issn = {2469-9950},
doi = {10.1103/PhysRevB.103.125128},
author = {Schuler, Michael and Hesselmann, Stephan and Whitsitt, Seth and Lang, Thomas C. and Wessel, Stefan and Laeuchli, Andreas M.}
}
@article {liu_circuit_2020,
title = {Circuit complexity across a topological phase transition},
journal = {Phys. Rev. Res.},
volume = {2},
number = {1},
year = {2020},
note = {Place: ONE PHYSICS ELLIPSE, COLLEGE PK, MD 20740-3844 USA Publisher: AMER PHYSICAL SOC Type: Article},
month = {mar},
abstract = {We use Nielsen{\textquoteright}s geometric approach to quantify the circuit complexity in a one-dimensional Kitaev chain across a topological phase transition. We find that the circuit complexities of both the ground states and nonequilibrium steady states of the Kitaev model exhibit nonanalytical behaviors at the critical points, and thus can be used to detect both equilibrium and dynamical topological phase transitions. Moreover, we show that the locality property of the real-space optimal Hamiltonian connecting two different ground states depends crucially on whether the two states belong to the same or different phases. This provides a concrete example of classifying different gapped phases using Nielsen{\textquoteright}s circuit complexity. We further generalize our results to a Kitaev chain with long-range pairing, and we discuss generalizations to higher dimensions. Our result opens up an avenue for using circuit complexity as a tool to understand quantum many-body systems.},
doi = {10.1103/PhysRevResearch.2.013323},
author = {Liu, Fangli and Whitsitt, Seth and Curtis, Jonathan B. and Lundgren, Rex and Titum, Paraj and Yang, Zhi-Cheng and Garrison, James R. and Gorshkov, V, Alexey}
}
@article { ISI:000550577700002,
title = {Real-time dynamics of string breaking in quantum spin chains},
journal = {Phys. Rev. B},
volume = {102},
number = {1},
year = {2020},
month = {JUL 21},
pages = {014308},
publisher = {AMER PHYSICAL SOC},
type = {Article},
abstract = {String breaking is a central dynamical process in theories featuring confinement, where a string connecting two charges decays at the expense of the creation of new particle-antiparticle pairs. Here, we show that this process can also be observed in quantum Ising chains where domain walls get confined either by a symmetry-breaking field or by long-range interactions. We find that string breaking occurs, in general, as a two-stage process. First, the initial charges remain essentially static and stable. The connecting string, however, can become a dynamical object. We develop an effective description of this motion, which we find is strongly constrained. In the second stage, which can be severely delayed due to these dynamical constraints, the string finally breaks. We observe that the associated timescale can depend crucially on the initial separation between domain walls and can grow by orders of magnitude by changing the distance by just a few lattice sites. We discuss how our results generalize to one-dimensional confining gauge theories and how they can be made accessible in quantum simulator experiments such as Rydberg atoms or trapped ions.},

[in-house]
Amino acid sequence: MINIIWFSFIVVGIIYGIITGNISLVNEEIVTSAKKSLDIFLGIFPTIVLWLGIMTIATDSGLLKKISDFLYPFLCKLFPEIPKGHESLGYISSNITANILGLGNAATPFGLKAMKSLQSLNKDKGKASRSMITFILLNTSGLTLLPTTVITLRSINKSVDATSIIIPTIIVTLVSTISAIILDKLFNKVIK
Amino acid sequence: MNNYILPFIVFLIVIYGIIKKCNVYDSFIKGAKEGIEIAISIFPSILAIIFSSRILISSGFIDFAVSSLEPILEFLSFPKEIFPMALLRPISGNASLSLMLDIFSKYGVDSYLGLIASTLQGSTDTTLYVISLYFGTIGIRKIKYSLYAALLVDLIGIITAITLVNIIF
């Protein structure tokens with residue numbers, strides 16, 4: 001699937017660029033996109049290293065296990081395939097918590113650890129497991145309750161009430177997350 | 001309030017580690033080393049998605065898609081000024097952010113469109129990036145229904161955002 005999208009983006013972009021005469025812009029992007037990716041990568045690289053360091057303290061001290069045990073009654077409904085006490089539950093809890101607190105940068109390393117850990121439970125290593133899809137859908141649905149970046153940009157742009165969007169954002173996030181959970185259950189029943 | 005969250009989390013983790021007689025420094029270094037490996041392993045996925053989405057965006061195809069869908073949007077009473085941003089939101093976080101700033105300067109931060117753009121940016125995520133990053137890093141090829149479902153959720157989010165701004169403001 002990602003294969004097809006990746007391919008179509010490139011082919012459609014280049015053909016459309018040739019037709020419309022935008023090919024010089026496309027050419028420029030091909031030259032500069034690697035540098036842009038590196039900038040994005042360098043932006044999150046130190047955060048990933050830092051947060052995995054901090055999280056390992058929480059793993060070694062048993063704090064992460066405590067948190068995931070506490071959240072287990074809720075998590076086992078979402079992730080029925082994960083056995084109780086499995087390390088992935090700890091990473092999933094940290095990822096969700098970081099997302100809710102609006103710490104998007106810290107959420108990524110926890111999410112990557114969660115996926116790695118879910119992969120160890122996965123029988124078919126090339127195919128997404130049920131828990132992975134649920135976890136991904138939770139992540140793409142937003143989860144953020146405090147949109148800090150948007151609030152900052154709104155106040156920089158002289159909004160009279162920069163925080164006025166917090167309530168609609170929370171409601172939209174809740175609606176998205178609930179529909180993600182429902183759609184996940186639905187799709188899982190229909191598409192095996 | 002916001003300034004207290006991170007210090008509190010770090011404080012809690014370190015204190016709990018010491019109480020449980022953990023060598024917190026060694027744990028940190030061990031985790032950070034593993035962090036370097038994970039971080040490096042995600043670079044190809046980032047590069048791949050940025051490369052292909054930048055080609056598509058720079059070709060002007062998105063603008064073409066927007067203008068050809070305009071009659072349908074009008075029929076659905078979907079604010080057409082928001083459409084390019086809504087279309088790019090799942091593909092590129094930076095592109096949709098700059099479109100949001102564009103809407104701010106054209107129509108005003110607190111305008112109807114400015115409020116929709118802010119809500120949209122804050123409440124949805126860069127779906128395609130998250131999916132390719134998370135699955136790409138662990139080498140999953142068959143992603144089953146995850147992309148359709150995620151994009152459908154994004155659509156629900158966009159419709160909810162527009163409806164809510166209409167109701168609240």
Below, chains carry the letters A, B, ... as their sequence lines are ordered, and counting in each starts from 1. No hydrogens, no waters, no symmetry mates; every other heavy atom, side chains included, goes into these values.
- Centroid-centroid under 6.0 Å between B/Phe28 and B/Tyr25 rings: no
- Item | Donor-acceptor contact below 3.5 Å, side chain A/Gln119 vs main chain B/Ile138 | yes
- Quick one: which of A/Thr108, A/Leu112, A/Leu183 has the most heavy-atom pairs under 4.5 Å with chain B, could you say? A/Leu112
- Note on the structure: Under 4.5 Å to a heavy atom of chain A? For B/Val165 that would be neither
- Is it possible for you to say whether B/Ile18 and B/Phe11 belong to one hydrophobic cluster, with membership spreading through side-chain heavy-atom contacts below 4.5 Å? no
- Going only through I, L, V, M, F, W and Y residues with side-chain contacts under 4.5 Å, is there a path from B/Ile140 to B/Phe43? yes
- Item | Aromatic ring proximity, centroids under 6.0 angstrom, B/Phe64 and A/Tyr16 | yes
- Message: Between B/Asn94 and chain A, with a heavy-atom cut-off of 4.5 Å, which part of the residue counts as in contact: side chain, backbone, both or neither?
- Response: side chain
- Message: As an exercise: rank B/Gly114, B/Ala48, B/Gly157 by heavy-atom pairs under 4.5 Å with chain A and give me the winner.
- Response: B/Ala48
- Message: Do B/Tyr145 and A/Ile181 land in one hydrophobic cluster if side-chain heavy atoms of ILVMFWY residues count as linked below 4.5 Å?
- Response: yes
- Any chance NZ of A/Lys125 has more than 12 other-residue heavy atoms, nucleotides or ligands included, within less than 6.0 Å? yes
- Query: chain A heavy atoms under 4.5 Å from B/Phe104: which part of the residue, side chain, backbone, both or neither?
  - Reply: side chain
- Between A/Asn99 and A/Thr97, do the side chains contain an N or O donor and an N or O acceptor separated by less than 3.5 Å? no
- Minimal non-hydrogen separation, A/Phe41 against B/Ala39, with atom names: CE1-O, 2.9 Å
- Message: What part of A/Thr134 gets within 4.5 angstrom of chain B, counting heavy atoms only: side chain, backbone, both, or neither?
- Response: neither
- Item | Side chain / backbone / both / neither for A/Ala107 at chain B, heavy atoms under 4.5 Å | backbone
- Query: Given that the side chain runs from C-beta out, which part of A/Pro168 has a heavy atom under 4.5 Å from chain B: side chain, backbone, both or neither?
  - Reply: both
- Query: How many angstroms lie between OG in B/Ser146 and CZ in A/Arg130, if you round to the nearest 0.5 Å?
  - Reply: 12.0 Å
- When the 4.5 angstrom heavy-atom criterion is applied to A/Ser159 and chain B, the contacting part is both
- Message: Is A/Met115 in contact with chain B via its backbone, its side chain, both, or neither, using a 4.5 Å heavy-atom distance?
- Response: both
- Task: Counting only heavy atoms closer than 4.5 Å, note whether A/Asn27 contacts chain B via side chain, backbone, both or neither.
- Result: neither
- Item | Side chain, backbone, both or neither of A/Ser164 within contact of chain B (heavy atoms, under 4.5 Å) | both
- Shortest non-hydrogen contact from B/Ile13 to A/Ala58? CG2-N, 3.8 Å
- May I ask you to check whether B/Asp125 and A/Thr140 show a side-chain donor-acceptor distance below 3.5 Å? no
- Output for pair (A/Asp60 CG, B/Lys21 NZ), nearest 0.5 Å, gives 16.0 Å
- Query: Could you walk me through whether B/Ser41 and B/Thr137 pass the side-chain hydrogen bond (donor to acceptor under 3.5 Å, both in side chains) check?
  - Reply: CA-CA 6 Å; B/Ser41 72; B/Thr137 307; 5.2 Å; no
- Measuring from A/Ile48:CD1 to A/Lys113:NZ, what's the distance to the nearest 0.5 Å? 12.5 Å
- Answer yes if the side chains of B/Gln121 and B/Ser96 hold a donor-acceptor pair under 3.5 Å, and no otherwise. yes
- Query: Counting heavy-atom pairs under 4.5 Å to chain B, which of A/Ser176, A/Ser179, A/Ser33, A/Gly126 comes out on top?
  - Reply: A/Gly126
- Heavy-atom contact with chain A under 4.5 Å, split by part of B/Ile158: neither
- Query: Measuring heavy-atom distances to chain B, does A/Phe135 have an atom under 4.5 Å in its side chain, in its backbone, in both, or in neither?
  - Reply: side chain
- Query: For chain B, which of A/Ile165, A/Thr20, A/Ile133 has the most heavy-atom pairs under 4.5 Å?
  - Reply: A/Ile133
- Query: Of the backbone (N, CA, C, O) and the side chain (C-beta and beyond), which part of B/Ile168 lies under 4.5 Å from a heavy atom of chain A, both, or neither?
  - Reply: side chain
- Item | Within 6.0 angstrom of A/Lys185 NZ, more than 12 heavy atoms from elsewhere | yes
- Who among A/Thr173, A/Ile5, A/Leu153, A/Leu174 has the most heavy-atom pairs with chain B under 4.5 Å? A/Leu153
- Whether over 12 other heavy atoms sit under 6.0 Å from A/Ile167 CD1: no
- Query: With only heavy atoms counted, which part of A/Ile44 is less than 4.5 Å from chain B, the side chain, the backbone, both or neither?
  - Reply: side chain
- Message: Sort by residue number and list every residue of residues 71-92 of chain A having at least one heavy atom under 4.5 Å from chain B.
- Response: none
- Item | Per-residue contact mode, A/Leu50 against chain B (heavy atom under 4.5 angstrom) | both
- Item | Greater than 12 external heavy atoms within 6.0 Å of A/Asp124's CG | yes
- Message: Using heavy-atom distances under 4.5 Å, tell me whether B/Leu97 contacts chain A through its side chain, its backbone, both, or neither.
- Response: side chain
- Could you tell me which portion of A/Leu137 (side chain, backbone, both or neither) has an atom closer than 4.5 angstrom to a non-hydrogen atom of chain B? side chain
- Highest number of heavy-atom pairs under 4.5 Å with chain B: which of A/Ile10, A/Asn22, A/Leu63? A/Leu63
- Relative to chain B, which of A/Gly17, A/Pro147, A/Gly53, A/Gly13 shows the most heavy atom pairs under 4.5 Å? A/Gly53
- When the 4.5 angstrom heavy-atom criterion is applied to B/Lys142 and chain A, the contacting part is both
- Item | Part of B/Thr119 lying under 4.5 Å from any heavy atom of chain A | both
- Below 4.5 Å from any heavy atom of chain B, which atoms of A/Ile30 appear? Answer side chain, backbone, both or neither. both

issn = {2469-9950},
doi = {10.1103/PhysRevB.102.014308},
author = {Verdel, Roberto and Liu, Fangli and Whitsitt, Seth and Gorshkov, V, Alexey and Heyl, Markus}
}
@article { ISI:000449780400004,
title = {Quantum field theory for the chiral clock transition in one spatial dimension},
journal = {PHYSICAL REVIEW B},
volume = {98},
number = {20},
year = {2018},
month = {NOV 9},
pages = {205118},
issn = {2469-9950},
doi = {10.1103/PhysRevB.98.205118},
author = {Whitsitt, Seth and Samajdar, Rhine and Sachdev, Subir}
}